It’s Wednesday morning and Surrey just woke up to news of another shooting.
The city’s mayor – after being criticized for her silence in the wake of a spree of violence – goes on a media blitz. She lauds Surrey’s “significant progress” on crime – after, of course, emphasizing how “furious” she is about the violence.
The city’s top cop does the same, urging residents to be “patient” because, well, these things take time, you know.
The whole scenario brings two words to my mind.
Well, there are other two-word phrases that come to mind but that’s the only publishable one.
Yes, our city is once again abuzz due to high-profile violence. The reaction from residents is once again raw and the reaction from our leaders is once again predictable. With so much happening so quickly (by the time you read this, the number of shootings could be as high as 34), I thought using “bullet points” (sorry) would be apropos.
- Does it not bother anybody that the RCMP called a press conference – on a Friday afternoon of all times – to reveal that the number of shootings was actually twice as high as media was reporting? Think about that. This means the RCMP are arbitrarily deciding which shootings you and I should know about. There were at least 14 shootings in our city that we were not aware of. So, how do we know there was just one shooting on Tuesday night? For all we know, there could have been three. To me, this is one of the most troubling aspects of this shooting spree. Two words Surrey RCMP – transparency and accountability.
- It’s time we start putting elected officials like Dave Woods under the spotlight. Woods, the Surrey First councillor brought to the team for his policing experience, has proven to be all but invisible when it comes to crime. What is he bringing to the table? What ideas of his are we implementing? It’s why he was elected, after all. Wasn’t it?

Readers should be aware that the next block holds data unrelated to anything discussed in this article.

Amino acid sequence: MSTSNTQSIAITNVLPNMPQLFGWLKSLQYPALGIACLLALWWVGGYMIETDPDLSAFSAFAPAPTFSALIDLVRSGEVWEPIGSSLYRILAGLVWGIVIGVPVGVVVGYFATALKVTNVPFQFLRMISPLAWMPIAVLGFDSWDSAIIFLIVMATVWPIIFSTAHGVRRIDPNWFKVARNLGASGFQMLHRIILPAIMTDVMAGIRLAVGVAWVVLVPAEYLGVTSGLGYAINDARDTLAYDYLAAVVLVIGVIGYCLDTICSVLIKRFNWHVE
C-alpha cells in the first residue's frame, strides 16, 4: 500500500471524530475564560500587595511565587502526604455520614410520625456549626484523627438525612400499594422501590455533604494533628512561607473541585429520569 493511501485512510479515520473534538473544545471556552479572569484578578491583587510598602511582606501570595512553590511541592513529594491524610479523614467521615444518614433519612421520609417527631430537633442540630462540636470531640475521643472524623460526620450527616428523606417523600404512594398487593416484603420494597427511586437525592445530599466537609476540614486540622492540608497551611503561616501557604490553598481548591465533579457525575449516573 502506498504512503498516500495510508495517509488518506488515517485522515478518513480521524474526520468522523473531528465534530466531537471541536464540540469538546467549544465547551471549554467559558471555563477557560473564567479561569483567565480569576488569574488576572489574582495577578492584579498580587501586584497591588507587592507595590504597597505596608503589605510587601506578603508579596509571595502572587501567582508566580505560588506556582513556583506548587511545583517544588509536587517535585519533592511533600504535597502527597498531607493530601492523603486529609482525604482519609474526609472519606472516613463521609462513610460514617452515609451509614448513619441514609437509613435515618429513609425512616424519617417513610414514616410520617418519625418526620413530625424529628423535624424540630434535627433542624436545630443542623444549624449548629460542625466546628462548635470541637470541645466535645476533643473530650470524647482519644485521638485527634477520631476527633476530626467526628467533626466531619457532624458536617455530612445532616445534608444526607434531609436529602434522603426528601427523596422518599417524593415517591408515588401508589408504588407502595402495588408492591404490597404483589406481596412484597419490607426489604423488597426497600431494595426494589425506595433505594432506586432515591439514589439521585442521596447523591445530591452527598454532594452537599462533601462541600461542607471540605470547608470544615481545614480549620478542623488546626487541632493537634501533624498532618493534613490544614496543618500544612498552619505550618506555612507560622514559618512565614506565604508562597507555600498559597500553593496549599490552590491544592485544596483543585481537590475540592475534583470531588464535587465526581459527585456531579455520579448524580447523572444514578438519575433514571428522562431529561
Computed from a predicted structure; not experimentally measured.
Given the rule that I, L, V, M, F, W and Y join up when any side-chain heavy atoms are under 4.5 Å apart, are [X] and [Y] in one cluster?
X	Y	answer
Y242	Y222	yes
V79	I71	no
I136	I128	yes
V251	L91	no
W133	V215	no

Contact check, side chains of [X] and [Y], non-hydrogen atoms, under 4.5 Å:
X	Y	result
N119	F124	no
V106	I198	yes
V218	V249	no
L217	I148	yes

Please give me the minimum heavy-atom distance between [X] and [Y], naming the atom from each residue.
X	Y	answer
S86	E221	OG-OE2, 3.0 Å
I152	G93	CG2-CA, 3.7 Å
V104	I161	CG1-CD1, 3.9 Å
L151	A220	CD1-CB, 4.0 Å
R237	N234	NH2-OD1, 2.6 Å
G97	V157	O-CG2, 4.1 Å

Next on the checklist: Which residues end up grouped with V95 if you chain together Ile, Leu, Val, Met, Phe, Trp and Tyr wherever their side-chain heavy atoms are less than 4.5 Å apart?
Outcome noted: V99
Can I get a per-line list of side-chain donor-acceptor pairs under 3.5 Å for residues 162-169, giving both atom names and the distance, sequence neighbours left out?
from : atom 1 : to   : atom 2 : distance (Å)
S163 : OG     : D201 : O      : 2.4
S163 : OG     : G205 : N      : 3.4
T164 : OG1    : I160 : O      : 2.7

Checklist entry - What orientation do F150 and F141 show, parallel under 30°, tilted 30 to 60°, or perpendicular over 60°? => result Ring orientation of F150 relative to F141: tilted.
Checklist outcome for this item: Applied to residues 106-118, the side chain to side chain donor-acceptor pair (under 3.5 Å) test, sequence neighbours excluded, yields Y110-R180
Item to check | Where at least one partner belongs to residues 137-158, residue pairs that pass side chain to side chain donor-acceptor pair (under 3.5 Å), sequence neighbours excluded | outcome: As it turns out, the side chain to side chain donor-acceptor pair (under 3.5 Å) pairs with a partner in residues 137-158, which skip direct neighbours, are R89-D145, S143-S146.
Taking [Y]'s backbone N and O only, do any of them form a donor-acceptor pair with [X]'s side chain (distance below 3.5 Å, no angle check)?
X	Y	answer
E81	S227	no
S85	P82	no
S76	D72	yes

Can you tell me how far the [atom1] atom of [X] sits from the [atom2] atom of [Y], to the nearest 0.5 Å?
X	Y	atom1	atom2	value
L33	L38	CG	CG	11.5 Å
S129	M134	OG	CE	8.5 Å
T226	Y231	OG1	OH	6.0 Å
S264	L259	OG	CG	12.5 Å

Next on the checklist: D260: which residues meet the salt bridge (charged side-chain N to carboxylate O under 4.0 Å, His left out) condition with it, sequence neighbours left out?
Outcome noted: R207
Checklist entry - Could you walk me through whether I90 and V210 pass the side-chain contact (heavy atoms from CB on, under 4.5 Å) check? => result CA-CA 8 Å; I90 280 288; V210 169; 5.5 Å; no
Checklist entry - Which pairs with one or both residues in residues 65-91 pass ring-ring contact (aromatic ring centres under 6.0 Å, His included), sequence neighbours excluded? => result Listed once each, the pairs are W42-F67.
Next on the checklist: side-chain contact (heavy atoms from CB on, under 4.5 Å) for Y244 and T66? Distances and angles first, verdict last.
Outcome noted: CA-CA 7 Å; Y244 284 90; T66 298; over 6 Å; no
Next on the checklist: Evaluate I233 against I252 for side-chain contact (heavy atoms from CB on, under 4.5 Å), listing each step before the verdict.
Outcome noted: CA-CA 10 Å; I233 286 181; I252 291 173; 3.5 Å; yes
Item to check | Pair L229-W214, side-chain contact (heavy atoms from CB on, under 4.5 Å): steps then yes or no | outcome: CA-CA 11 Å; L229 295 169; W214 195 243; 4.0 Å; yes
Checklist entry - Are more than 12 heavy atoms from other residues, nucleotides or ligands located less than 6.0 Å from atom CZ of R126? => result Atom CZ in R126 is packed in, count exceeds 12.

- Is it just me, or have we been talking about Surrey’s “long-term strategy” for a long time? At what point does our “long-term strategy” start bearing fruit? While “prevention” and getting “downstream” of the issue are buzzwords, they are definitely important. But so is keeping our city safe in the short-term.
- Coun. Tom Gill is absolutely right to question how long it took the city to hire someone to fill the election-promised position of director of public safety strategies. It took the city more than a year to hire someone. After he was hired, it took Dr. Terry Waterhouse several months just to make the rounds and “learn the issues.” An actual plan won’t be unveiled until October. Then it will take about a year to begin implementing. No problem guys. Take your time. Everything’s cool here.
- Let’s stop kidding ourselves. Growth is good. But unabated growth is hurting our communities in more ways than we can count (we haven’t even starting talking about our jam-packed schools). Let’s stop patting ourselves on the back and pretending that the fact 1,200 people move here every month is a bragging point.
- Our crime reporter Tom Zytaruk recalled how he and his childhood pals would peer across Scott Road with trepidation into the untamed wilderness that was Surrey. Open ditches, unkempt lots and derelict ranchers. That was in the late ’70s. For decades, the Delta Police have called Scott Road “The Thin Blue Line,” separating them from the Surrey RCMP and by extension a relative Mayberry from a place much more violent. So many of Surrey’s shootings this year happened just several blocks east of that thin blue line. In comparison, in North Delta police have dealt with only one report of “shots fired heard,” in 2016, in the neighbourhood of 92nd Avenue and 116th. The Delta Police ran area patrols and had a helicopter in the air, but on the ground nothing was found. Not one bullet casing. That was on Jan.17. That Scott Road sure remains a mystery. Are guardian angels protecting North Deltans from Surrey’s current mayhem?
Beau Simpson is editor of the Now. He can be reached at email@example.com.